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What About Grains?

In the United States, we eat a lot of grains. We eat grains for breakfast in the form of cereal, various types of bread and breakfast bars. And for lunch and dinner we eat them as pastas, desserts, breads, soups, side dishes, and so many other ways. What are the most popular? We like corn, wheat, rice, and oats. Generally speaking, they give us energy and contain nutrients such as B vitamins, fiber, and an array of minerals such as selenium and iron. However, there are other grains to include in a healthy diet.

Here are five grains that are worth putting on the dinner table. 

Quinoa (pronounced “keen-wah”). This grain originates from South America and has picked up popularity in the United States. It is a great source of protein and can be eaten just like rice. Soups, grain snacks, and savory dishes include quinoa, but it can be eaten as a breakfast cereal with nuts, dried fruit, and milk.

Teff. This grain is used in Ethiopia to make their famous flatbread called, Injera. The grain is red in color and is the world’s smallest grain. It can be used in several ways including a hot breakfast cereal. One of the favorite techniques is to toast the grain, then boil in three parts water to one part grain. Add a little powdered clove, chopped dates, honey, and mix with yogurt. It is so delicious!

Buckwheat. This is a common seed grain used in various products. Even though it is called “wheat,” it is not a grass grain like wheat. It is gluten-free and can be eaten by those who are gluten sensitive. The toasted version, often called groats, mixes well with other grains but can be eaten with eggs or tofu as a breakfast food. It is popular in Ukraine and Poland.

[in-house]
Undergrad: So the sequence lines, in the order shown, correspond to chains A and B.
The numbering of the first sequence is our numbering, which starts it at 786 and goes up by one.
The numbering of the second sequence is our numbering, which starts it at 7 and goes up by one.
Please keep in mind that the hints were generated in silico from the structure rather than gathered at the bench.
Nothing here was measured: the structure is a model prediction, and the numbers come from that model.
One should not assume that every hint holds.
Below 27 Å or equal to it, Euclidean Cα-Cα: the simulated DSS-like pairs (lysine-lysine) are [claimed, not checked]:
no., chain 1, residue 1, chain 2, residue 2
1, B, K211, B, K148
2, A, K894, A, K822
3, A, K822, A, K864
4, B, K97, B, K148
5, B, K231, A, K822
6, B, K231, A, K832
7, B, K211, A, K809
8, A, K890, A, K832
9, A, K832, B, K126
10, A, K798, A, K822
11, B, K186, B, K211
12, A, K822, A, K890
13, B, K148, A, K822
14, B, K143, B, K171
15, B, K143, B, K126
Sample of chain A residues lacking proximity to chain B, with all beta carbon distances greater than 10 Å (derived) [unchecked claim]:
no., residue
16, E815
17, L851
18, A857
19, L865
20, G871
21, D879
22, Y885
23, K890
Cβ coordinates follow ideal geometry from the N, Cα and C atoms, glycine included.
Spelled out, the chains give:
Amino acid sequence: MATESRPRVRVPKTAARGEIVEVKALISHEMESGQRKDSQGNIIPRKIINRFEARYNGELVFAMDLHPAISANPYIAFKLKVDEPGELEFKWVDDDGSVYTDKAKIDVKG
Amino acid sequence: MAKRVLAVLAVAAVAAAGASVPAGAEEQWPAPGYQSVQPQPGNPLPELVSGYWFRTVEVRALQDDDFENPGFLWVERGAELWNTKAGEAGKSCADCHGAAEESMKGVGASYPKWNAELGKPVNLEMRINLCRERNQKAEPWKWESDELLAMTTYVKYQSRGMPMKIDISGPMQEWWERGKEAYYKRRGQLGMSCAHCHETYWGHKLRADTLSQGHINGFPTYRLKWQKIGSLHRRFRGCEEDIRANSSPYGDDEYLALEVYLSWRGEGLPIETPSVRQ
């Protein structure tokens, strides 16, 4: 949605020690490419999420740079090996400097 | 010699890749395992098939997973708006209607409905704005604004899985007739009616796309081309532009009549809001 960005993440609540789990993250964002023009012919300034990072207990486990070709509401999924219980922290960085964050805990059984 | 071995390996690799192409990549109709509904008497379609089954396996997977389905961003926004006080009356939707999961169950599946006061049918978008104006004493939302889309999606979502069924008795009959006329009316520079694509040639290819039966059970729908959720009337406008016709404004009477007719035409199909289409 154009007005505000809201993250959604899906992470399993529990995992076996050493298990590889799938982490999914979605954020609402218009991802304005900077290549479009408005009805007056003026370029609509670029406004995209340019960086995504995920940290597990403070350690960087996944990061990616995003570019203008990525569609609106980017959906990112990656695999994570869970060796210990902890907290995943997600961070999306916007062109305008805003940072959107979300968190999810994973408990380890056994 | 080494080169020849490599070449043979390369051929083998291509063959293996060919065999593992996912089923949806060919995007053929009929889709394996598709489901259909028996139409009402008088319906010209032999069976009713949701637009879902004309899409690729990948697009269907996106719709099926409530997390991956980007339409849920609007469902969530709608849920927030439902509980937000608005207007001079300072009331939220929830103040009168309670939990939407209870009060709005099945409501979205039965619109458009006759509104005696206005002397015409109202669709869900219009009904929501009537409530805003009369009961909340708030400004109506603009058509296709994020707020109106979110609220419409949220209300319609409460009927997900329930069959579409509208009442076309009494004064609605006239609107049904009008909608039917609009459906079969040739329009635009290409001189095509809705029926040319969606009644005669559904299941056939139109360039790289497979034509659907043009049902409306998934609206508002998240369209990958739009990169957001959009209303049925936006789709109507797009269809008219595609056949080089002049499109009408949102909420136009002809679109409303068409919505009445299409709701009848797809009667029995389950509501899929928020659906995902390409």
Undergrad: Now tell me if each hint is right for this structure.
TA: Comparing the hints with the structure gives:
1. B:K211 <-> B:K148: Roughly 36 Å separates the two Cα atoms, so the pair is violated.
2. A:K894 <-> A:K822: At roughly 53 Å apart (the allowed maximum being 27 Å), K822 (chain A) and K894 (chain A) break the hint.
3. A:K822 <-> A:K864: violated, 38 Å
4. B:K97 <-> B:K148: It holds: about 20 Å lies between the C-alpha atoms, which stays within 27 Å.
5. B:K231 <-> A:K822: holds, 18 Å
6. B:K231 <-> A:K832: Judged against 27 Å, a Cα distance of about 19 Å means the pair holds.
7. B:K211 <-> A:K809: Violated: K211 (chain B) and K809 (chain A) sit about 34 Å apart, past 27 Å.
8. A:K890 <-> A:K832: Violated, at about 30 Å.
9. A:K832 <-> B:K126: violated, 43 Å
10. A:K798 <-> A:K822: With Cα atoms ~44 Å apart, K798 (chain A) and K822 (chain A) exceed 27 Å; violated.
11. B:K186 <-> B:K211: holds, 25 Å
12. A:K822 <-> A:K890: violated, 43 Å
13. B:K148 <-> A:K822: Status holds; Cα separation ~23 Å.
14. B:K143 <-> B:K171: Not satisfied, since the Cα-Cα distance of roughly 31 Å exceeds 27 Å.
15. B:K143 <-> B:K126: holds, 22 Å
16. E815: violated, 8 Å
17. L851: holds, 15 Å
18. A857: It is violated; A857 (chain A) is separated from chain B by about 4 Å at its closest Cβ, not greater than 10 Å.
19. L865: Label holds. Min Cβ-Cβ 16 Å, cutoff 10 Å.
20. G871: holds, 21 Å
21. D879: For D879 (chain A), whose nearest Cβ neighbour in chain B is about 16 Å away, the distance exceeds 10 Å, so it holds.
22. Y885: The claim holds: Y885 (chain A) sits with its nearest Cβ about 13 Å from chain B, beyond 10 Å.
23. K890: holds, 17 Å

Barley. Barley is a common grain found in most supermarkets but often gets overlooked. Experts are not sure where it comes from, but some say Egypt, Tibet or the Eastern Mediterranean areas. Researchers believe it has a history as old as 3,000 years (1). One of the best ways to use barley is in soups. Just toss a couple of handfuls in a bean or vegetable soup. It takes about an hour to cook, but parboiled barley takes only 20 minutes. 

Sorghum. This is another ancient grain that may have been around for several thousand years. It is believed to come from Africa, but it has also been found in parts of Asia. It is often added to flour blends to support a gluten-free diet. When it has been dried, it can pop like popcorn. Sorghum is also used in the Ethiopian flatbread, Injera. It can be added to salads and savory dishes. 

These are just a few grains that are available. Why not explore these and others? Visit wholegrainscouncil.org and learn more about these wonderful foods. 

Reference

1. Barley.  hurt.purdue.edu. hAccessed February 3, 2019.

Pamela Williams writes from Southern California.

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About Pamela A. Williams, MPH, R.D.

Pamela A. Williams, MPH, R.D.

is a dietitian in Southern California.

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